Thinking of Adding an Associate? Be Prepared!


The success of anything built or created depends on a solid foundation. It only follows that before adding an associate to your practice, you must set the stage for a positive outcome by planning carefully from the beginning.  Too often, the owner dentist and prospective associate leave their first meeting with a long list of unanswered questions, frustrations, and a feeling of dwindling confidence that is difficult to overcome.

An old adage applies here — “If you fail to plan, you are planning to fail.” This is the time to set the course for success. Prior to the first interview, do your homework. Three simple but critical steps will help prepare you to discuss the structure of your association with confidence:

1. Complete a practice assessment.

  • Is your facility adequate for two dentists? Consider both short- and long-term demand for space, and be prepared to expand or move if space is inadequate.
  • Does your practice have the capacity or potential to meet the income expectations for an additional provider within a reasonable time?
  • Are effective management systems in place and running efficiently?
  • Is the practice overhead within a normal range?
  • Are you collecting at least 95 percent of production?
  • Is your entire staff open to change and completely committed to supporting an associate?
  • Is your appointment schedule completely booked for a sufficient period?

2. Quantify the financial aspects of an association.

  • Identify all fixed and variable costs related to adding an associate including staff, new equipment, instruments, laboratory, dental supplies, office supplies, expansion expense, legal, consulting, marketing, and associate compensation.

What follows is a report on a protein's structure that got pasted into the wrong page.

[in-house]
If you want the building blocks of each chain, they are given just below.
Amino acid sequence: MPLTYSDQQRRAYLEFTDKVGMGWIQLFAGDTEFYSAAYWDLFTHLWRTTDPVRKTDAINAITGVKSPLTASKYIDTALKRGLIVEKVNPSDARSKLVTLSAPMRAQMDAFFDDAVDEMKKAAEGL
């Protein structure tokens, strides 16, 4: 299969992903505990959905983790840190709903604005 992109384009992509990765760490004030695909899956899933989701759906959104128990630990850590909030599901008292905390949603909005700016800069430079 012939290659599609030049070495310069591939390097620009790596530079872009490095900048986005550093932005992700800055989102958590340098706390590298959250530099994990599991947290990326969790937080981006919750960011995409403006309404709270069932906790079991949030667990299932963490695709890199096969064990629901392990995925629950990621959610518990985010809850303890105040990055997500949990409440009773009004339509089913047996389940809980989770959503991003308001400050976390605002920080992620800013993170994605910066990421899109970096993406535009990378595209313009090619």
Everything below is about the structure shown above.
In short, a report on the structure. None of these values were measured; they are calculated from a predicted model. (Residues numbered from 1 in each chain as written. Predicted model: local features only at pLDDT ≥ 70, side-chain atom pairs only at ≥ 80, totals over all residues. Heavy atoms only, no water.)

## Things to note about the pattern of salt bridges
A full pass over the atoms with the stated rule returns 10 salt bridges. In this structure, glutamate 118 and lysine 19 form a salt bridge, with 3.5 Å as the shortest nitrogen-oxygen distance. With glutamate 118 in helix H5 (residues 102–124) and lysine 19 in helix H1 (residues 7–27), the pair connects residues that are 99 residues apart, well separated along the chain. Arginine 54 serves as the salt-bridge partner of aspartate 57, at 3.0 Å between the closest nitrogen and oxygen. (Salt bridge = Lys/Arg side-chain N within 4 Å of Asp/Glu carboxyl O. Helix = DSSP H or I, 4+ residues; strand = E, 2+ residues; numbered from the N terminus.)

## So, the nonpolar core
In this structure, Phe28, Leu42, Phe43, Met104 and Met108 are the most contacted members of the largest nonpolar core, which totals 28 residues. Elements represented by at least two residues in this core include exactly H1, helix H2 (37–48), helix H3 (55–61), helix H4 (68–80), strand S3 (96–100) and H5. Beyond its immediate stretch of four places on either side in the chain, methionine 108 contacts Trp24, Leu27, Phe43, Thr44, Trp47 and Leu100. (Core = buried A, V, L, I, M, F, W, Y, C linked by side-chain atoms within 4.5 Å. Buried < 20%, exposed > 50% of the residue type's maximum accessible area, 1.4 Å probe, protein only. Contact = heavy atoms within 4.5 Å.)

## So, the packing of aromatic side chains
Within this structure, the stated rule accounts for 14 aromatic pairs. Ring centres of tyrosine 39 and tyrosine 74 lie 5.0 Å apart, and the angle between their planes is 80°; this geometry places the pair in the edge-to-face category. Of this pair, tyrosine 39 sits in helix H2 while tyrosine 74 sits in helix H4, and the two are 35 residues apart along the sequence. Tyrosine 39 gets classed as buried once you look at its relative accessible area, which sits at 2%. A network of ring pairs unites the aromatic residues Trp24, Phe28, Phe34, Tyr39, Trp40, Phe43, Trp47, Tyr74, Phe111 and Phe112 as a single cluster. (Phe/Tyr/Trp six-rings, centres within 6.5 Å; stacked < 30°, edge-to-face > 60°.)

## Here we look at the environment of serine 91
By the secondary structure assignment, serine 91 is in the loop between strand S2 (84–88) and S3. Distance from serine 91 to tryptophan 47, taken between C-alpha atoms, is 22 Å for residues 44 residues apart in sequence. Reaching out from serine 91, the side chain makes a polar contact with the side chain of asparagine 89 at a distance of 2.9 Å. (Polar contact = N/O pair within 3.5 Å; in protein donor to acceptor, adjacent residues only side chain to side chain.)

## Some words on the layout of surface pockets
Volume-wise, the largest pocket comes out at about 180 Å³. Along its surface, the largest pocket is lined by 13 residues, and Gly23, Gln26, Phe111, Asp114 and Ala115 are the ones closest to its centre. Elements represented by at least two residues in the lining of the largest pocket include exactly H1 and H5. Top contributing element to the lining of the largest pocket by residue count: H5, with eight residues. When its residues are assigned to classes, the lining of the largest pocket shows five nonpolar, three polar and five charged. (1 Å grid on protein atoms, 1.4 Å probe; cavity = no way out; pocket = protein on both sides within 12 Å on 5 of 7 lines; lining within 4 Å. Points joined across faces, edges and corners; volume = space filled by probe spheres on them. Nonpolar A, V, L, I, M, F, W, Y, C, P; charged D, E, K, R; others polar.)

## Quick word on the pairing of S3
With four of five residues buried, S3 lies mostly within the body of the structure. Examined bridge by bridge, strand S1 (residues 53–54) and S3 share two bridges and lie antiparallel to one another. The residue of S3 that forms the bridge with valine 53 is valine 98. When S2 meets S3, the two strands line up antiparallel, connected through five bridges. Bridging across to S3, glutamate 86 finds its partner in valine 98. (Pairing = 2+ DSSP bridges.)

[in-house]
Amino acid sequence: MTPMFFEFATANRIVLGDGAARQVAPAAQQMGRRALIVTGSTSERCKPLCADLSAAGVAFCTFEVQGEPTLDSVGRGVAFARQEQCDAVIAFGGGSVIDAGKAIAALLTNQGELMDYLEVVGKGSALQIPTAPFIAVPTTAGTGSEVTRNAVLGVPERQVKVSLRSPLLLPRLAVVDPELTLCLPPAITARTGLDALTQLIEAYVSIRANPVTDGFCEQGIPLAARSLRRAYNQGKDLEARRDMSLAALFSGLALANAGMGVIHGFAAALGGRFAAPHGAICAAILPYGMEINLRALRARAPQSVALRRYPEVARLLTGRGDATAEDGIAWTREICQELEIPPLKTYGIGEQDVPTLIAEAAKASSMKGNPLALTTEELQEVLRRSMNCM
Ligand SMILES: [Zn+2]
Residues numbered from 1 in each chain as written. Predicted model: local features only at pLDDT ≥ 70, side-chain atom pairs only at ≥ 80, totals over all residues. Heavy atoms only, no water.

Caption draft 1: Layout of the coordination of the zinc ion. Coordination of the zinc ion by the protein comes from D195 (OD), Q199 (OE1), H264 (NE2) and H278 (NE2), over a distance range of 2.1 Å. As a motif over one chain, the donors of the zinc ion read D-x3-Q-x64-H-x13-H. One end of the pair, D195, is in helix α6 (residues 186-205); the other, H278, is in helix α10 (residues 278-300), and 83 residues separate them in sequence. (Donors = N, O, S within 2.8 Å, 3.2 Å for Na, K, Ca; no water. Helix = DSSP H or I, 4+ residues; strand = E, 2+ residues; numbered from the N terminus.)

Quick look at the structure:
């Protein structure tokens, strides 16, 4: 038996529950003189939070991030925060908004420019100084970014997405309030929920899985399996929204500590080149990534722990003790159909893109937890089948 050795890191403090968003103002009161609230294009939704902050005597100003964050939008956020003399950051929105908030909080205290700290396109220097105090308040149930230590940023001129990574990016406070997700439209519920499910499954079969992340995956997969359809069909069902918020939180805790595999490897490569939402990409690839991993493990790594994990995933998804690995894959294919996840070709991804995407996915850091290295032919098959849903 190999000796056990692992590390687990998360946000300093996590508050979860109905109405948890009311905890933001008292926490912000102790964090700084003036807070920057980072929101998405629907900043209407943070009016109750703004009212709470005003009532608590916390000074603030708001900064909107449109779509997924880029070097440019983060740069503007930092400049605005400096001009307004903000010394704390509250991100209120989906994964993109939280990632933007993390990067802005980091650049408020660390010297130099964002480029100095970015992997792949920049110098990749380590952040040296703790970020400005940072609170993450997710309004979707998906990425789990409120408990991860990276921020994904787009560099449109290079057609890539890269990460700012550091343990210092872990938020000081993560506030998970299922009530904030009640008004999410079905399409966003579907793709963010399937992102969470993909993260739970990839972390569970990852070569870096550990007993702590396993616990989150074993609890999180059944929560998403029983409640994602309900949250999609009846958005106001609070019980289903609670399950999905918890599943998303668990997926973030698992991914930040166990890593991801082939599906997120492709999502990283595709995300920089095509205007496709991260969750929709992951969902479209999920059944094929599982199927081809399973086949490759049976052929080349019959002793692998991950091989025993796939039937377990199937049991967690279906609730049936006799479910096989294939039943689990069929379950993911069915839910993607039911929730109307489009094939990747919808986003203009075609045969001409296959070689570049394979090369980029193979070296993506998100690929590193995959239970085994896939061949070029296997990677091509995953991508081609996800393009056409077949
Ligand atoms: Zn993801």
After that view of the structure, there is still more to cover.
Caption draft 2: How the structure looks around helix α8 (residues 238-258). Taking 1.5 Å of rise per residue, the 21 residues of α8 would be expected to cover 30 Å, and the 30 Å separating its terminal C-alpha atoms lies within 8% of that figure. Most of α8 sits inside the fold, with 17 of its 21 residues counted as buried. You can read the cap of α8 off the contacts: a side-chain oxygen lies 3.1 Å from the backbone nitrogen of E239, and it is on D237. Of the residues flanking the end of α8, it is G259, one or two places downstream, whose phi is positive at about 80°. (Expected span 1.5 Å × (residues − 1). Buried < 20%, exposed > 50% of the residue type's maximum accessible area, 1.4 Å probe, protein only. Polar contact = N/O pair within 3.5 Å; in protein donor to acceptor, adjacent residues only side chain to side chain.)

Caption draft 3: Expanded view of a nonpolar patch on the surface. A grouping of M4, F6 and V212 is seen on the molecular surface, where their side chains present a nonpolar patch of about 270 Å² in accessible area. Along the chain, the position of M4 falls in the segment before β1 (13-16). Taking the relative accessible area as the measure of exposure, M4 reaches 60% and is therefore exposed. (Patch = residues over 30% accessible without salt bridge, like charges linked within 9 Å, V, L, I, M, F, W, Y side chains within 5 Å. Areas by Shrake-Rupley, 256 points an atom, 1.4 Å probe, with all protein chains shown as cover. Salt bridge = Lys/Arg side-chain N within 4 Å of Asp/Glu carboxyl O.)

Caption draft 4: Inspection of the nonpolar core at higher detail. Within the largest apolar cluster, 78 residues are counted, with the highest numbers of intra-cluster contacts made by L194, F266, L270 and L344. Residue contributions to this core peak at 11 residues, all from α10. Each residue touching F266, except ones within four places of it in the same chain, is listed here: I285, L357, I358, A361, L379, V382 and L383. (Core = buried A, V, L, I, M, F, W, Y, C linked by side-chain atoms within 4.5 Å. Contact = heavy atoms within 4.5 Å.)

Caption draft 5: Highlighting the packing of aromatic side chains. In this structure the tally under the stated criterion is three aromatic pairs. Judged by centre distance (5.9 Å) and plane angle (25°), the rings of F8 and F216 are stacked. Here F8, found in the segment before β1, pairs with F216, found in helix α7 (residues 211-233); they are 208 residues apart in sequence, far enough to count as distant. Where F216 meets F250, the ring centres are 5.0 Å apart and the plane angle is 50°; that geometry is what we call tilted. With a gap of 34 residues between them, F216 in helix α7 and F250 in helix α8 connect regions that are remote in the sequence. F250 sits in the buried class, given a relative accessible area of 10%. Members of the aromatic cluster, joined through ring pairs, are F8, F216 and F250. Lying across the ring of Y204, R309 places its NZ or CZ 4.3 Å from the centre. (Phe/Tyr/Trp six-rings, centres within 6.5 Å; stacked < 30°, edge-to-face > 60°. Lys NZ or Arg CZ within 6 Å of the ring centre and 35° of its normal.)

• Calculate break-even numbers for the identified associate costs with and without owner profit.
  • Prepare short-, intermediate-, and long-term cash flow projections.
  • Have the practice appraised if a future buy-in or buy-out is anticipated.

3. Define the basic business points.

  • Relationship of the parties. Will the association be an employer-employee relationship or an independent contractor relationship?
  • Termination. Delineate causes for involuntary termination and notice period for voluntary termination.
  • Compensation. Compensation should be clearly defined. If compensation is based on a formula, it is typically a percentage of production or collections that may include a draft against future earning, or compensation may be set up as a base payment plus incentive bonuses. Be prepared to offer an illustration.
  • Exclusive service. It should be determined whether the associate will devote all professional time to the practice, and whether he or she will work full time or only be available for a limited number of days or hours.
  • Records. All patient files are typically owned by the practice and remain with the practice if an associate leaves, although access may be granted under specific circumstances. Identify any exceptions to the general ownership and access provisions.
  • Expenses. Outline who will be responsible for the cost of professional licenses, dues, continuing-education seminars, health insurance, malpractice insurance, benefit plans, dental and office supplies, laboratory expenses, and staff salaries.
  • Time off. How many days will be allowed for vacation, personal time, or attendance at continuing-education seminars. How much advance notice will be required for time off?
  • Covenants. Restrictive covenants, such as nondisclosure of confidential information and noncompete clauses (with reasonable time and geographic limitations), are typically included in associate agreements. Noncompete covenants may have an effective date different from the effective date of the agreement.
  • Future purchase agreements. Perhaps you are looking to build a relationship with the associate with a view toward the associate eventually acquiring an ownership interest. Consider an agreement to negotiate toward a possible agreement in the future with specific dates and performance requirements. Specify how the buy-out or buy-in price will be determined in the future and be prepared to offer a current practice appraisal and business points for a future purchase and partnership, if applicable.

An associateship is a lasting relationship that can be either mutually beneficial or disastrous. It is not a move you can afford to make haphazardly. Edison once observed, “Good fortune is what happens when opportunity meets with planning.” There is no substitute for being prepared.

Terry D. Watson, DDS, and Frank Brown, JD, LLM

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